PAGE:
The panel of John West, QC, Kate Eastman, SC, and John Boultbee, AM, could still decide that a fine and a suspension would suffice, even if that appears unlikely at this stage.
Both parties will now go away and give written submissions to the panel about what they believe is an appropriate punishment but the writing appears to be on the wall for the talented footballer.
“The panel has today provided a judgement that Israel Folau committed a high-level breach of the Professional Players’ Code of Conduct with his social media posts on April 10, 2019,” read an RA statement released on Tuesday evening.
“The panel will now take further written submissions from the parties to consider the matter of sanction.
“A further update will be provided after the panel delivers its decision on sanction.”
Folau posted a photo on social media last month that said homosexuals, among other groups such as drunks and atheists, were destined for hell unless they repented.
It looked like both parties would have to come back for a fourth day of proceedings but that did not eventuate as Folau left ANZ Tower in the Sydney CBD just before 6pm without commenting.
RA will view this latest development as a major win but are well aware that, no matter what punishment is announced, Folau could still lodge an appeal.
The 30-year-old and his team have 72 hours after a verdict is handed down to request an appeal, which would have to be heard by an entirely new panel.
Early indications suggest that is what will happen but the length of the hearing and subsequent findings of a high-level breach could be a major blow for Folau’s team.
RA was always confident of a favourable outcome and clearly the panel agreed.
According to RA’s code of conduct, the panel, when deciding a punishment, can take into account any “aggravating or mitigating factors”.
These include things such as previous disicplinary record, character and “remorse for the conduct including the timing of such remorse including any steps taken to rectify any wrongdoing”.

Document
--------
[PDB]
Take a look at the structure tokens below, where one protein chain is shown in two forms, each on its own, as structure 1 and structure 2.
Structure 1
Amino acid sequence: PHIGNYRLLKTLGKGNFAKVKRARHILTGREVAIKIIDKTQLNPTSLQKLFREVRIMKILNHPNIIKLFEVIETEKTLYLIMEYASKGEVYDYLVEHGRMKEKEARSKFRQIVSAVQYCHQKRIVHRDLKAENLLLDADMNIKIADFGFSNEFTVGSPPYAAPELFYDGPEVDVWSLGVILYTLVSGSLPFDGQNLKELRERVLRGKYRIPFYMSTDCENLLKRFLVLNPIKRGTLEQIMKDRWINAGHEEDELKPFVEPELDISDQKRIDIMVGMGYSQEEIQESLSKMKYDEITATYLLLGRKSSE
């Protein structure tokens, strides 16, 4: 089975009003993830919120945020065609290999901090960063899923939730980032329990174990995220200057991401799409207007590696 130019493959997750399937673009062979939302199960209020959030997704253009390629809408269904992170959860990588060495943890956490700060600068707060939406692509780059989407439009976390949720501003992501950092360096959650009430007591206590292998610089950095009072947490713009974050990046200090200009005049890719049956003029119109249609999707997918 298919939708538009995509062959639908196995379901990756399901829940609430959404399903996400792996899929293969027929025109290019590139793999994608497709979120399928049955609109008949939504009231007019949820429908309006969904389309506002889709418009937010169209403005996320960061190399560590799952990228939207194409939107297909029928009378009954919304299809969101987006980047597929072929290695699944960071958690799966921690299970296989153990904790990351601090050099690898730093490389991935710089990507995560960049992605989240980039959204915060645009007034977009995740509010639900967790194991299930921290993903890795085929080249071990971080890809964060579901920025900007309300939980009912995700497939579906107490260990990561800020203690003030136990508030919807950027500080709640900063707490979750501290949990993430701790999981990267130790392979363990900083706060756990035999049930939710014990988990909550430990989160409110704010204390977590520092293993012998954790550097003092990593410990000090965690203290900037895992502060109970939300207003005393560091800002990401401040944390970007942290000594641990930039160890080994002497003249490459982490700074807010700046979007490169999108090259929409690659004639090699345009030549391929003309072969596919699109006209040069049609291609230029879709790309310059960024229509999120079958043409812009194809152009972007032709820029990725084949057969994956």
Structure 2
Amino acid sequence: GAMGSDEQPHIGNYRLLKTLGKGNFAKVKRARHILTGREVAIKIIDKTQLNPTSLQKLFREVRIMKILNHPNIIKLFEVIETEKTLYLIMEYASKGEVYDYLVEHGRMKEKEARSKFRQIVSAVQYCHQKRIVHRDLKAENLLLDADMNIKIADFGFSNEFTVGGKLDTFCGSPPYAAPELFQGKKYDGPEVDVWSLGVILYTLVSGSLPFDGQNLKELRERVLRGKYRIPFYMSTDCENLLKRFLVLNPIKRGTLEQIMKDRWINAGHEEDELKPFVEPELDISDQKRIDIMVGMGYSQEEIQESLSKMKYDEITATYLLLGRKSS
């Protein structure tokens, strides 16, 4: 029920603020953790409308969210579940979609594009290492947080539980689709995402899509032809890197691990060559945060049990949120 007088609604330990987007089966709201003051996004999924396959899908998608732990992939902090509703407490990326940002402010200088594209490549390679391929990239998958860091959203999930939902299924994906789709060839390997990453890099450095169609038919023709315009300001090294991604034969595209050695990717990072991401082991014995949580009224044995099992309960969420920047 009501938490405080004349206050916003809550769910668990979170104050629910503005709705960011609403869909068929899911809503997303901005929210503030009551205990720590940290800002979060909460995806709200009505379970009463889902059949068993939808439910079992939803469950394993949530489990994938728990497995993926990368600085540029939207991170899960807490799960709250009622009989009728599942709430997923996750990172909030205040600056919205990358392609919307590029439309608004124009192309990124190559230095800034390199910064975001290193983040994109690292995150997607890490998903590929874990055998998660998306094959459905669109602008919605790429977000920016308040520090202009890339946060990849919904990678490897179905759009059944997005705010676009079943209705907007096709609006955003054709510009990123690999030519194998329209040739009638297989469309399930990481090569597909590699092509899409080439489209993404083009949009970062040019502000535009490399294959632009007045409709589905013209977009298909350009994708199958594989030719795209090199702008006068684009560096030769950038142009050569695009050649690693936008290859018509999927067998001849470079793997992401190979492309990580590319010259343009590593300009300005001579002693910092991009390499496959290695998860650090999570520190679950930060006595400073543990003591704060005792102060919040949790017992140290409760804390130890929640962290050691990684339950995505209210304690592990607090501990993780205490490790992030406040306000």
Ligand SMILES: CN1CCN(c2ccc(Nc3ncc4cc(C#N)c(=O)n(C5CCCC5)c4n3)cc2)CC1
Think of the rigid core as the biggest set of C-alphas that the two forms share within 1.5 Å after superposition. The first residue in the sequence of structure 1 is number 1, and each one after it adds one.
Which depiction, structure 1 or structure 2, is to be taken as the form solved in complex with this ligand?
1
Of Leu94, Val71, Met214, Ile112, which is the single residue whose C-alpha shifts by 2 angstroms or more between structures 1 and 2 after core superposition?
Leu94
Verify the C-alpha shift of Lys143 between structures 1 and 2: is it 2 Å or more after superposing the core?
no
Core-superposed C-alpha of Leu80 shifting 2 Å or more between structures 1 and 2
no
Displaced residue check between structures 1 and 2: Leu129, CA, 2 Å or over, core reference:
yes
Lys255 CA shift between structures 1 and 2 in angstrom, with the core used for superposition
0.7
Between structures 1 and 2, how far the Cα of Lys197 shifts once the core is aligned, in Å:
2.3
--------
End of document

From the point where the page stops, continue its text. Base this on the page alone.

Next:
Earlier, Folau arrived for day three of the hearing in slick fashion. The Audi was back, driving into an underground car park away from a number of television cameras waiting on Castlereagh Street.
Tuesday’s proceedings were not expected to take the entire day but the same was said for Sunday before news filtered through that a third day was required for lawyers on both sides to argue their respective points of view.
Meanwhile, Melbourne Rebels playmaker Quade Cooper was quizzed about his former teammate’s fate on Tuesday before an announcement but played a straight bat to questions.
“You feel for anyone who is going through a difficult patch in their life but for us we have to focus on the Melbourne Rebels,” Cooper said.
Asked if he could see circumstances where Folau would be welcomed back by teammates who have spoken out against him, Cooper said: “I’m not too sure. That’s something you would need to speak to Bernard [Foley], Nick Phipps, Michael Hooper and those guys about that.”
Folau has been stood down from playing commitments and that is set to continue indefinitely, even if he has been training privately by himself.
The decision comes after Waratahs chairman Roger Davis told the Herald he wanted to see a resolution sooner rather than later.
“This is a no-win situation for the game and fans and I’d like to see it resolved as quickly as possible,” Davis said. “I think a settlement is a commonsense approach … it would be smart.”
Tom Decent is a journalist with The Sydney Morning Herald